Your last rant about APIs at the end of episode 135 prompted me to write this post.
In a nutshell, from ranter to ranter: I love Handmade Hero, but I sometimes wish I could watch the arrogance-free version, if that makes sense :)
I've been following Handmade Hero development pretty much from the start, and I've watched most of the episodes (on YouTube, for timezone and schedule reasons). It's a fantastic initiative, and I'm looking forward to watching many more hundreds episodes.
I respect the message and attitude you're trying to convey through the episodes: keeping things simple, "compression oriented programming", focusing on the useful development rather than on "administrative cruft", etc. I share many of the same sentiments. I'm also equally saddened by the state of affairs in our industry.
However, I feel that you're sometimes unreasonably critical of the technology choices or development practices of other people, teams and companies. I'm regularly surprised--and annoyed--by the lack of humility and balance in your discourse, especially coming from a mature programmer.
Not everyone is working on a small 2D game that can realistically be implemented from scratch without relying on a single third-party library. Pretty much all games or game engines rely on third party libraries because there are no other sensible ways to provide the basic functionalities player or game developers have come to expect.
Let me be clear: I absolutely understand why you're writing HH the way you do, and I praise the effort. It makes complete sense. I also realize that you have your own style, tone and persona, and, like a Charles Bloom, ranting is part of the show (and the character).
What follows are a few specific things that bothered me about that API rant in episode 135. I hope none of it is too obvious.
First, Dependency Walker does not fail to load dependencies "because there are too many". Most of the time, missing dependencies are not a problem because the application is prepared to handle them being missing.
Let's be fair: There are way fewer dependencies than you think. For instance, most system dependencies such as kernel32.dll, ntdll.dll or user32.dll, as well as runtime libraries such as msvcrt.dll are repeated over and over. What you seem to have missed about Dependency Walker is that it shows the dependency tree: most DLLs rely directly or indirectly on the same set of dependencies, themselves relying again on the same set of dependencies, over and over. The actual number of dependencies for devenv.exe is probably a few orders of magnitude lower than what you seem to think.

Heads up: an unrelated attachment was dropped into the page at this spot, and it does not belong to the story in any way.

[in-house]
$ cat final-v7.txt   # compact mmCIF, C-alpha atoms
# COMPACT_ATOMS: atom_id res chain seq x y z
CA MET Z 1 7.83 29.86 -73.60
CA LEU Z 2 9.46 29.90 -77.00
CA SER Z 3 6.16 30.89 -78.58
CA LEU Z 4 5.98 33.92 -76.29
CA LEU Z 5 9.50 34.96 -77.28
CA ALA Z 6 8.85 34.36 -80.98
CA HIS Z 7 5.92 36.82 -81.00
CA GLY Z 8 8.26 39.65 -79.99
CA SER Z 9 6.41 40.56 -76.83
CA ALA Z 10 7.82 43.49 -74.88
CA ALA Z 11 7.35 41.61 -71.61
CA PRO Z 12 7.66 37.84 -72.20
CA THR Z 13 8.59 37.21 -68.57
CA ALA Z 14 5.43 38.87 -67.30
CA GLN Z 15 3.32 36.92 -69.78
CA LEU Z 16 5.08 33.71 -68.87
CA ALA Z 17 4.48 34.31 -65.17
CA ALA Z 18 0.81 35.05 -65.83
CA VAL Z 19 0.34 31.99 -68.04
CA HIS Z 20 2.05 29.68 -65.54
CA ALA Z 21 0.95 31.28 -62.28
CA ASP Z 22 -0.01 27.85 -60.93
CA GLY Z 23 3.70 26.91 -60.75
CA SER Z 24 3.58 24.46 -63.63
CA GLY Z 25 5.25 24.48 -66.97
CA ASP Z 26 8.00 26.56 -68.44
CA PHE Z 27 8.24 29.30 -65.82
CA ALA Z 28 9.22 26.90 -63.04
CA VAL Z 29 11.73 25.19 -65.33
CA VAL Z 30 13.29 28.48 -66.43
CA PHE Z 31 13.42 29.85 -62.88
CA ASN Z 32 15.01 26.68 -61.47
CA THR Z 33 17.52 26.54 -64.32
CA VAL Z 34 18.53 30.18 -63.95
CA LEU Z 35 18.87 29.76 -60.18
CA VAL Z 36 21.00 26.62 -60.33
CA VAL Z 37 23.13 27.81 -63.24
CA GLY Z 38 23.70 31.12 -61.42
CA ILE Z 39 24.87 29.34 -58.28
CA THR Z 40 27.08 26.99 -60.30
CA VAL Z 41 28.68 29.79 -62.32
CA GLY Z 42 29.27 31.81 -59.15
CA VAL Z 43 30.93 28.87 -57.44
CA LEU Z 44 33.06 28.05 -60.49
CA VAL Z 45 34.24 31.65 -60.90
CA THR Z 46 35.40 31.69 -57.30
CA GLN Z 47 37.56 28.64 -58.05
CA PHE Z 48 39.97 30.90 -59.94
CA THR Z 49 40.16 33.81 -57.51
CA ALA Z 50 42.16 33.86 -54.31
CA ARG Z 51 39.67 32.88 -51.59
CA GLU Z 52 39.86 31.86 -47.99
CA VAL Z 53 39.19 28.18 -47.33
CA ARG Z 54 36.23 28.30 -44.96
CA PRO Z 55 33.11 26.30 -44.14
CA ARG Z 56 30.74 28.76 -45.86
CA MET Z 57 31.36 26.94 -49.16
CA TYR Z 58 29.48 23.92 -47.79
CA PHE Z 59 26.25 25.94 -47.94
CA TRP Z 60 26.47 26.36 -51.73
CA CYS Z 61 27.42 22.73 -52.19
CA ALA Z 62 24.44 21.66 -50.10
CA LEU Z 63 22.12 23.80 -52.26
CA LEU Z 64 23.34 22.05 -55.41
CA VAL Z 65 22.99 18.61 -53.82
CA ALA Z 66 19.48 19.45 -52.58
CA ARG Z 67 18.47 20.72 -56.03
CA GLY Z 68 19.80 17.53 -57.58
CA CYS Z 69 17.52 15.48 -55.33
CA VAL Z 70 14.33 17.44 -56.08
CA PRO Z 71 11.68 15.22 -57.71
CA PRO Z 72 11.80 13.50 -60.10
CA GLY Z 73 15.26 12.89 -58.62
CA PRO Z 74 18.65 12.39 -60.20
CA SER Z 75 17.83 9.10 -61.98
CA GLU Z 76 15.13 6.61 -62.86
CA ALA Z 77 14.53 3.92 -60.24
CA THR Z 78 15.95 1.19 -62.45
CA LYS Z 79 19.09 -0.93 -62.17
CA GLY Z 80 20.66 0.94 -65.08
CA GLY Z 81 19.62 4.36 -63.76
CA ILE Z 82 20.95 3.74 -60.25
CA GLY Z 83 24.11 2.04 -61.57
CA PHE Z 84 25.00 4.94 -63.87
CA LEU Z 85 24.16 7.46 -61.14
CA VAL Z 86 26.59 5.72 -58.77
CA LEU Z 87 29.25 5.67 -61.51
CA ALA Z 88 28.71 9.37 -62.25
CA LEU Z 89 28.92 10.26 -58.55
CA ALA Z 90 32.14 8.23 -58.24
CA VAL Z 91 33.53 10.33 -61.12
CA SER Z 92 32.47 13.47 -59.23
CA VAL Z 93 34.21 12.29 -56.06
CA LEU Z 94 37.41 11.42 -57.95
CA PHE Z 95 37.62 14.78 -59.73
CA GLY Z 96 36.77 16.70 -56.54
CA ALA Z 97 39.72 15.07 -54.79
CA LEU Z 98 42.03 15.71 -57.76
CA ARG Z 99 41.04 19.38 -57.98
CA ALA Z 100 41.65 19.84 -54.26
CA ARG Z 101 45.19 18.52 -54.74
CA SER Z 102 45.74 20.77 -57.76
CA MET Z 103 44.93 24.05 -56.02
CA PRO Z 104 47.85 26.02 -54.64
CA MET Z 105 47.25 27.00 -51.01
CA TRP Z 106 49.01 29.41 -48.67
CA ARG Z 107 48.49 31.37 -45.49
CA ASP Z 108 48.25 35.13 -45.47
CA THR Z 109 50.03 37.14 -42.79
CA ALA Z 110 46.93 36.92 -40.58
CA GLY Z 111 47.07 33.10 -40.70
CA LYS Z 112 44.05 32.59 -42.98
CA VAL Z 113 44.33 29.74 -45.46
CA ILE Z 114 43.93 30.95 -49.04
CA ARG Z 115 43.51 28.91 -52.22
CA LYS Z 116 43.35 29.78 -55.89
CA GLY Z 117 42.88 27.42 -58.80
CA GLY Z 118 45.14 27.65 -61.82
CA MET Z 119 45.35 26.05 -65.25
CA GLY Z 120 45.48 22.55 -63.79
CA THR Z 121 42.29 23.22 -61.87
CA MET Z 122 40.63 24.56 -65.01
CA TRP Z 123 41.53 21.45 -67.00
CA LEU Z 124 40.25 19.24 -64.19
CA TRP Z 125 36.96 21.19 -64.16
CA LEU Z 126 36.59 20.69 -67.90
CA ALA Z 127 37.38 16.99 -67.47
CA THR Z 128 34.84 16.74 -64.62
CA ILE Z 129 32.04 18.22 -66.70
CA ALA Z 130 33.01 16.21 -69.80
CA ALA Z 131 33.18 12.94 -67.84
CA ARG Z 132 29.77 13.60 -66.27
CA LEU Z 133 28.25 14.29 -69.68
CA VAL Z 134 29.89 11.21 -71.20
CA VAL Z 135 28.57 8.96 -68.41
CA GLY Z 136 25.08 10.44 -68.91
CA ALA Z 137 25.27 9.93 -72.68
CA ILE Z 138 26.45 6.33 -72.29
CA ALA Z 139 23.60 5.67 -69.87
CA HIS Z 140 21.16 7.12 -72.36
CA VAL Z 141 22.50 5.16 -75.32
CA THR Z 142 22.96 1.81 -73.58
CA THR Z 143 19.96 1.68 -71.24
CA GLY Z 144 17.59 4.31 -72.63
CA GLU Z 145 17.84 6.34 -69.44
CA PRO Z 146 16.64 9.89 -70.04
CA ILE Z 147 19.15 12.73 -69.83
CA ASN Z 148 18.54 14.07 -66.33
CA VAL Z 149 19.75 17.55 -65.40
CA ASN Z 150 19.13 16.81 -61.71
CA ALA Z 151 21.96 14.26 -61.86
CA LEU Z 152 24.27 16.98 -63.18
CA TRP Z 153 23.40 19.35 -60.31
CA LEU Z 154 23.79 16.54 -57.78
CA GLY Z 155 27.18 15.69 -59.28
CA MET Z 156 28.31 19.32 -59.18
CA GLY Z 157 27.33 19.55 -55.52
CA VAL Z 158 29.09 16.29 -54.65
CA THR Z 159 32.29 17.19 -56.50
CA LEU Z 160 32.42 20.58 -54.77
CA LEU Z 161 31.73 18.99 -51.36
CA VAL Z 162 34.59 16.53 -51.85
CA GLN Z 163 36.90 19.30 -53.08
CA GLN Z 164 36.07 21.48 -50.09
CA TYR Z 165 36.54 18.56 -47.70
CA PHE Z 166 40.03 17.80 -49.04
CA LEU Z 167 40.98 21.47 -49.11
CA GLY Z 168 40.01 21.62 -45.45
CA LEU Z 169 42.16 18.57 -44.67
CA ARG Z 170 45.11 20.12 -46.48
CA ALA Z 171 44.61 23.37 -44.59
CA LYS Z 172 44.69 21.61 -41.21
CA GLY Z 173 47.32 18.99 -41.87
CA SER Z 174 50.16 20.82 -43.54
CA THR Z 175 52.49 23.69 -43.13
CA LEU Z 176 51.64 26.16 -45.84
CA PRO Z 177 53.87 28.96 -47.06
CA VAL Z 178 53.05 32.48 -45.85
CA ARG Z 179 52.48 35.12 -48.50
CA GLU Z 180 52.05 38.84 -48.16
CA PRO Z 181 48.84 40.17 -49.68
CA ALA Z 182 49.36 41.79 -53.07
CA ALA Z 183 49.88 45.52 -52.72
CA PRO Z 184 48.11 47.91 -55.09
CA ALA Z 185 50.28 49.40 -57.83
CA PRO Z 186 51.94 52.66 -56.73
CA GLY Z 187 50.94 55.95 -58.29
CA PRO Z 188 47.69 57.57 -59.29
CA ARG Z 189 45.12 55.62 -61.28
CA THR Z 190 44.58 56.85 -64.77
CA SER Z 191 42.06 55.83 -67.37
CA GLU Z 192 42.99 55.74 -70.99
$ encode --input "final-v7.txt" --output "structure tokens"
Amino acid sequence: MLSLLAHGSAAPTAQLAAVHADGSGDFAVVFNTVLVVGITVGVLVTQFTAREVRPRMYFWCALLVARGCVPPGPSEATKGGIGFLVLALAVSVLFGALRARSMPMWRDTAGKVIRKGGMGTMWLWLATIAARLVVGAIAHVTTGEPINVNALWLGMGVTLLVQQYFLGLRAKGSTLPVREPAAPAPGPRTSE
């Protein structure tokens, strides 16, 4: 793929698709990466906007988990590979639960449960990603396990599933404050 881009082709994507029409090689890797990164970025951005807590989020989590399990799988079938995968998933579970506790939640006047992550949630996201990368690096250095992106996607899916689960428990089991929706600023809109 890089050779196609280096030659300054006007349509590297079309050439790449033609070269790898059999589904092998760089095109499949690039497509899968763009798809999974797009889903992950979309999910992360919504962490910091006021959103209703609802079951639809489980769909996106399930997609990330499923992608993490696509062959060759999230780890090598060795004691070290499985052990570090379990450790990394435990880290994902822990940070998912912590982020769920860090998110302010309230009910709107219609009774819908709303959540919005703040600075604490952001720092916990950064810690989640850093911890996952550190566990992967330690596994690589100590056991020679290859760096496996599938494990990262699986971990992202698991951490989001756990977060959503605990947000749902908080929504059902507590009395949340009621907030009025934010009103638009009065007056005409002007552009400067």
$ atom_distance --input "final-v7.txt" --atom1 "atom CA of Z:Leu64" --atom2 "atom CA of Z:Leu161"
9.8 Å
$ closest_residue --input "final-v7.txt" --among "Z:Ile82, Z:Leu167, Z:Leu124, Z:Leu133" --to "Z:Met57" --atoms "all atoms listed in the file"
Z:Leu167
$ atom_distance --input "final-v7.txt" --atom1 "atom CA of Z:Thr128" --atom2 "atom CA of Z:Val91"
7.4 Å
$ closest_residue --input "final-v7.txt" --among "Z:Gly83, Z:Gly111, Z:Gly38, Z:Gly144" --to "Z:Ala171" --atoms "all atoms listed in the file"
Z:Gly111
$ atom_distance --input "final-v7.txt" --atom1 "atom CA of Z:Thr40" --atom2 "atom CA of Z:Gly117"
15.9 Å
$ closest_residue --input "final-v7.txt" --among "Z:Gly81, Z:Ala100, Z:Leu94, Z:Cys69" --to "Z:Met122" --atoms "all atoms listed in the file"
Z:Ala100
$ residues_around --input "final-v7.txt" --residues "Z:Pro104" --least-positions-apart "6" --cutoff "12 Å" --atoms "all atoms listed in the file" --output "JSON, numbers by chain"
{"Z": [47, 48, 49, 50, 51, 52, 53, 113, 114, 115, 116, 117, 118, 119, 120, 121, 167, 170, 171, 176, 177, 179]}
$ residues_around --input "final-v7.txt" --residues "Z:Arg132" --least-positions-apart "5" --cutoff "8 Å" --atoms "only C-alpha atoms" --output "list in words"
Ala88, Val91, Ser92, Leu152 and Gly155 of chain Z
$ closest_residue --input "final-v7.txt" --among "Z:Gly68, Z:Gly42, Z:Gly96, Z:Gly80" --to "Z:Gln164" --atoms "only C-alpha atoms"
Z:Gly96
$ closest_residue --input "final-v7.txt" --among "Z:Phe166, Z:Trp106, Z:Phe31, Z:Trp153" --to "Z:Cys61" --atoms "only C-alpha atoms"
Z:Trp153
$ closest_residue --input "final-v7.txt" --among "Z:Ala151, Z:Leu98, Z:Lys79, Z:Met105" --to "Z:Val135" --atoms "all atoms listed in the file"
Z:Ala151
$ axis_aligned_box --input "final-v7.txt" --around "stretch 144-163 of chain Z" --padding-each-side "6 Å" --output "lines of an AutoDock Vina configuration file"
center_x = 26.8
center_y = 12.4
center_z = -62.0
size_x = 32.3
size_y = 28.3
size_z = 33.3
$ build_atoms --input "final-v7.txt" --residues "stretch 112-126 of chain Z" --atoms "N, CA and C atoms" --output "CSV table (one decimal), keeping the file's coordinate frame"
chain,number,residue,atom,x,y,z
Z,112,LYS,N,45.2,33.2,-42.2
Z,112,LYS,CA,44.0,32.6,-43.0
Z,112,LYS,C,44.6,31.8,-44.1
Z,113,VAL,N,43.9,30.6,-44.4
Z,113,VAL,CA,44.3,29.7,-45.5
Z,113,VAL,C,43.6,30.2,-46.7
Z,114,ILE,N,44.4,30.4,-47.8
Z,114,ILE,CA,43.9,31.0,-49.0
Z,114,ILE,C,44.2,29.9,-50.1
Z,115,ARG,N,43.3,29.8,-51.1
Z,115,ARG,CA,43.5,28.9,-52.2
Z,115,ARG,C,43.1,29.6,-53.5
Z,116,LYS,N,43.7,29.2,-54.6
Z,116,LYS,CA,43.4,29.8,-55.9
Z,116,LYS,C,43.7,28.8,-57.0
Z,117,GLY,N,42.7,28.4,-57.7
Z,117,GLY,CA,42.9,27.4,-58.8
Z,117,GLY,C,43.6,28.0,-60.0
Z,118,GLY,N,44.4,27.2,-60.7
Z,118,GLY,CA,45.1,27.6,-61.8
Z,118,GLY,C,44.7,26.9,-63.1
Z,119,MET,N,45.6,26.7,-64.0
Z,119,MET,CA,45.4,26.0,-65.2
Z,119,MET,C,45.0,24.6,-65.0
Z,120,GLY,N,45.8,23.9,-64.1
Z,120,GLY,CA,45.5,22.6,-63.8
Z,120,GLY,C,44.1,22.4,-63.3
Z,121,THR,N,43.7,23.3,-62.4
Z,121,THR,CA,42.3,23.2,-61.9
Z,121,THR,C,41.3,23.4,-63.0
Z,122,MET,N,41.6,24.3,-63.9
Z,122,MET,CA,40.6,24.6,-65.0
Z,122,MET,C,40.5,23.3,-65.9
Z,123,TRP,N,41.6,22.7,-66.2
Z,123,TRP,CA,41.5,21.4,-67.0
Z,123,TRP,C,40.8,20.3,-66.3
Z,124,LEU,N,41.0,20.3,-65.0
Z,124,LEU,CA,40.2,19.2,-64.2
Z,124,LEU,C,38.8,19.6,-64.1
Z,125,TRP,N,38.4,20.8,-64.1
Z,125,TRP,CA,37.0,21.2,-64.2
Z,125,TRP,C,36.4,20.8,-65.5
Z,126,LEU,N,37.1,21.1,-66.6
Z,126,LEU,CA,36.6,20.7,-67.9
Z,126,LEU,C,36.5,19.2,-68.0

Now, is it really surprising that Visual Studio's IDE rely on many third party libraries? For better or worse, VS is a large application catering to a wide audience: native C/C++ developers, C#/VB.NET developers, Web developers (HTML/JS/CSS/XML/XSLT...), mobile apps developers, etc. It features many tools and custom editors whose existence most users don’t even suspect. It's just to be expected that Visual Studio relies on many external modules, some developed in-house at Microsoft, some developed by external or acquired companies, etc.
Regarding the overall DLL situation in Windows: I agree that it's a mess. However, I do not agree that it was caused by incompetence or "mediocre programmers" that "drowned the great kernel programmers". Rather, I believe this is the unfortunate messy nature of large scale software development.
I encountered this again and again in my job (mostly working on high-end rendering software), and if you worked on any large software, you probably did too: Despite all the good will and competency of development teams, software architecture and code often become less than beautiful because requirements change, technologies evolve, employees come and go, etc. Refactorings and cleanups are started but are then interrupted for a variety of reasons: employees leaving or being moved to another team, more pressing development tasks popping up, etc. This hasn’t much to do with incompetence (unfortunately!).
Here is an interesting article on this very topic: The Lava Layer Anti-Pattern.
Regarding side-by-side assemblies in Windows: How would you solve the following classic problem which I'm sure you're familiar with: As a Microsoft developer, you need to fix a bug in a platform DLL (say, in DirectX). Unfortunately, you realize that many games (voluntarily or not) actually rely on the incorrect behavior, and fixing the bug would break those games. There aren't many options: you could keep such bugs forever; you could fix the bug and break those games; or you could keep the old DLL for those games, and provide a fixed DLL for newer games, losing a bit of disk space (and, possibly, sanity) on the way. Microsoft has pretty much always chosen the last option.
Despite your sentiment, Windows is by far the most backward-compatible consumer operating system the world has ever seen. It's not all happy bunny, but you surely realize what a feat of engineering this is, when you consider the scale and breadth of the product... The "layers of cruft", the SxS stuff, and the overall apparent complexity is what permits this feat.
Keep up the awesome work on HH, and keep ranting. Simply keep in mind that you are a role model to a growing audience, and that your opinion carries much weight. As such, a bit more humility and understanding certainly cannot hurt!